Dividend-paying stocks may not be the most exciting investments on the block – but steady businesses that make regular payouts are what really make investors money over time.
As my Investment U colleague Mark Skousen writes in his book EconoPower, “Earnings may be suspicious due to creative accounting. Revenues can be booked in one year or several years. Capital assets can be sold and the value listed as ordinary income. But cash paid into your account is a sure thing, a litmus test of the company’s true earnings. It’s tangible evidence of the firm’s profitability.”
Here are some key terms to understand when investing in dividend-paying stocks:
• Declaration Date – The date on which the board of directors of a company announces the amount of the next stock dividend and its ex-dividend date, record date, and payment date.
• Ex-Dividend Date – The date on which the stock trades without a dividend. So if you buy the stock on or after the ex-dividend date, you will not receive the next dividend. If you sell the stock before the ex-dividend date, the buyer – not you – will receive the dividend. If you sell after the ex-dividend date, you – not the buyer – will receive the dividend.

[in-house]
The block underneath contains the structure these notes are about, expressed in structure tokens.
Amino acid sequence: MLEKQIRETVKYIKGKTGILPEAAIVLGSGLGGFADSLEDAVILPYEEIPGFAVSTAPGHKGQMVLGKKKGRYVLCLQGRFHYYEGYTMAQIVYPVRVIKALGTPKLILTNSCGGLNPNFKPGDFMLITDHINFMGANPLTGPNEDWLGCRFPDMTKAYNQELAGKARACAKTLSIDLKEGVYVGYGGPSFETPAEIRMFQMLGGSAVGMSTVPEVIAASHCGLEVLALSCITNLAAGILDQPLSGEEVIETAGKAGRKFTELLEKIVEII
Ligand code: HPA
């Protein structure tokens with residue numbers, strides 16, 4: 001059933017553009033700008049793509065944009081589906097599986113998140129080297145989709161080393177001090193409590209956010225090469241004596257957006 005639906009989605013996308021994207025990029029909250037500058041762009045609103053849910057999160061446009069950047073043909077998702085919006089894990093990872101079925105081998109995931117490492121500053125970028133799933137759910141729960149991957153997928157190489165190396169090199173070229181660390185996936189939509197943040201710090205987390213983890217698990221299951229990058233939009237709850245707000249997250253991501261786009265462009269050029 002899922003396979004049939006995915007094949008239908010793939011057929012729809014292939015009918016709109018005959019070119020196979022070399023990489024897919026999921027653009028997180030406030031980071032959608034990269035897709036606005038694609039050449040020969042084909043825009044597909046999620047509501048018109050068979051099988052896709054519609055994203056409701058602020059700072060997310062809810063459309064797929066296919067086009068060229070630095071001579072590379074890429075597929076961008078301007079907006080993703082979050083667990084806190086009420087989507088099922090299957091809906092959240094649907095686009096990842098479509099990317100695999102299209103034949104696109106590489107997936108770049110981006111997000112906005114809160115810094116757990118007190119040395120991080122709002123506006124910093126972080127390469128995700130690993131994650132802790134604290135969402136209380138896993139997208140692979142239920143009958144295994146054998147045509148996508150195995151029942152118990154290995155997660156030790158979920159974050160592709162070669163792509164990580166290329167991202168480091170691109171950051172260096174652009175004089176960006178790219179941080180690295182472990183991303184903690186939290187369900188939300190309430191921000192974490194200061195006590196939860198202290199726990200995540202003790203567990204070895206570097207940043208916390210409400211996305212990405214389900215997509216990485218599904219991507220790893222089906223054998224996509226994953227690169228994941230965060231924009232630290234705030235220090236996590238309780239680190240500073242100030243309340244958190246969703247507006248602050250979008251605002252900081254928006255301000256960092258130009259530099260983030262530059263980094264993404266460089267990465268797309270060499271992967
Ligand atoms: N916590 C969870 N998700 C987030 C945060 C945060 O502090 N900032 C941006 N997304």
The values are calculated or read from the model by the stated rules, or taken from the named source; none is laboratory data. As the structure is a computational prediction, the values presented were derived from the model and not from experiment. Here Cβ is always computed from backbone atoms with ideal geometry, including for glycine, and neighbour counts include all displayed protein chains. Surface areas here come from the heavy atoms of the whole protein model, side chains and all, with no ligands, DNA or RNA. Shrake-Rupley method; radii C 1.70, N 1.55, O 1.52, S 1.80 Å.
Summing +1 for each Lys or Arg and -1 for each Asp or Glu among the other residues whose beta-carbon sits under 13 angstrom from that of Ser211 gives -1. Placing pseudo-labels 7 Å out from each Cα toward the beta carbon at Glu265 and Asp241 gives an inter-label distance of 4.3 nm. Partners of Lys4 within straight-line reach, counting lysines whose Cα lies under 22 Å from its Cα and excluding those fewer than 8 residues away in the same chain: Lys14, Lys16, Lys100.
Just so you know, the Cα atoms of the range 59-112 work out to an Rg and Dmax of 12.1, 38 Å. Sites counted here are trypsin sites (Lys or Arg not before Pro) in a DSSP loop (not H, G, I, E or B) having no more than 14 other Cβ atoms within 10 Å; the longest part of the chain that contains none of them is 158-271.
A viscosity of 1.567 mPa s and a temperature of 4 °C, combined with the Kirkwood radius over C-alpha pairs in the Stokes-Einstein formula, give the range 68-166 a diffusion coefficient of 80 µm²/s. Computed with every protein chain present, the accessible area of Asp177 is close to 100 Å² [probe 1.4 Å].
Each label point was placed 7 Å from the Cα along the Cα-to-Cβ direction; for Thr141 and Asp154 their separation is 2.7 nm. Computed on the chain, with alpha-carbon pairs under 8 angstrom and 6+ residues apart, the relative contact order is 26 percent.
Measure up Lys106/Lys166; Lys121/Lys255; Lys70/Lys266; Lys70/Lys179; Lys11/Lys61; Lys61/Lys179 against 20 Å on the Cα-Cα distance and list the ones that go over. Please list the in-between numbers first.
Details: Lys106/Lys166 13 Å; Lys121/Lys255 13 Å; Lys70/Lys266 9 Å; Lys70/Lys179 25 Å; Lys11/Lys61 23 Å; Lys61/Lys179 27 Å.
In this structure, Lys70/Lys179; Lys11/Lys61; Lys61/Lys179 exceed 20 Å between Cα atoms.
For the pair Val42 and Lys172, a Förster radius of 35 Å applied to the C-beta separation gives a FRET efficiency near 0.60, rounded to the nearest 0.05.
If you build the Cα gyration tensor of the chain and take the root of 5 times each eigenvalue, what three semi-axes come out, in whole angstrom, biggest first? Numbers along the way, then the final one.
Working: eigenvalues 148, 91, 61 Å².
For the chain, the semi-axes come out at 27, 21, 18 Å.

• Record Date – The date on which the company determines the list of shareholders who qualify for the stock dividend. To be a shareholder of record, you must own the stock at least one day before the ex-dividend date.
• Payment Date – The date on which the stock dividend is paid to shareholders of record in the form of a dividend check or a credit to their account.
Adding dividend-paying stocks to your portfolio could be just the ticket for the steady growth of your bottom line.[Ed. Note: Alex Green is Investment Director of The Oxford Club and Chairman of Investment U – a free source of impartial, no-nonsense advice on how to build long-lasting wealth. Get more of Alex’s powerful wealth-building ideas right here.]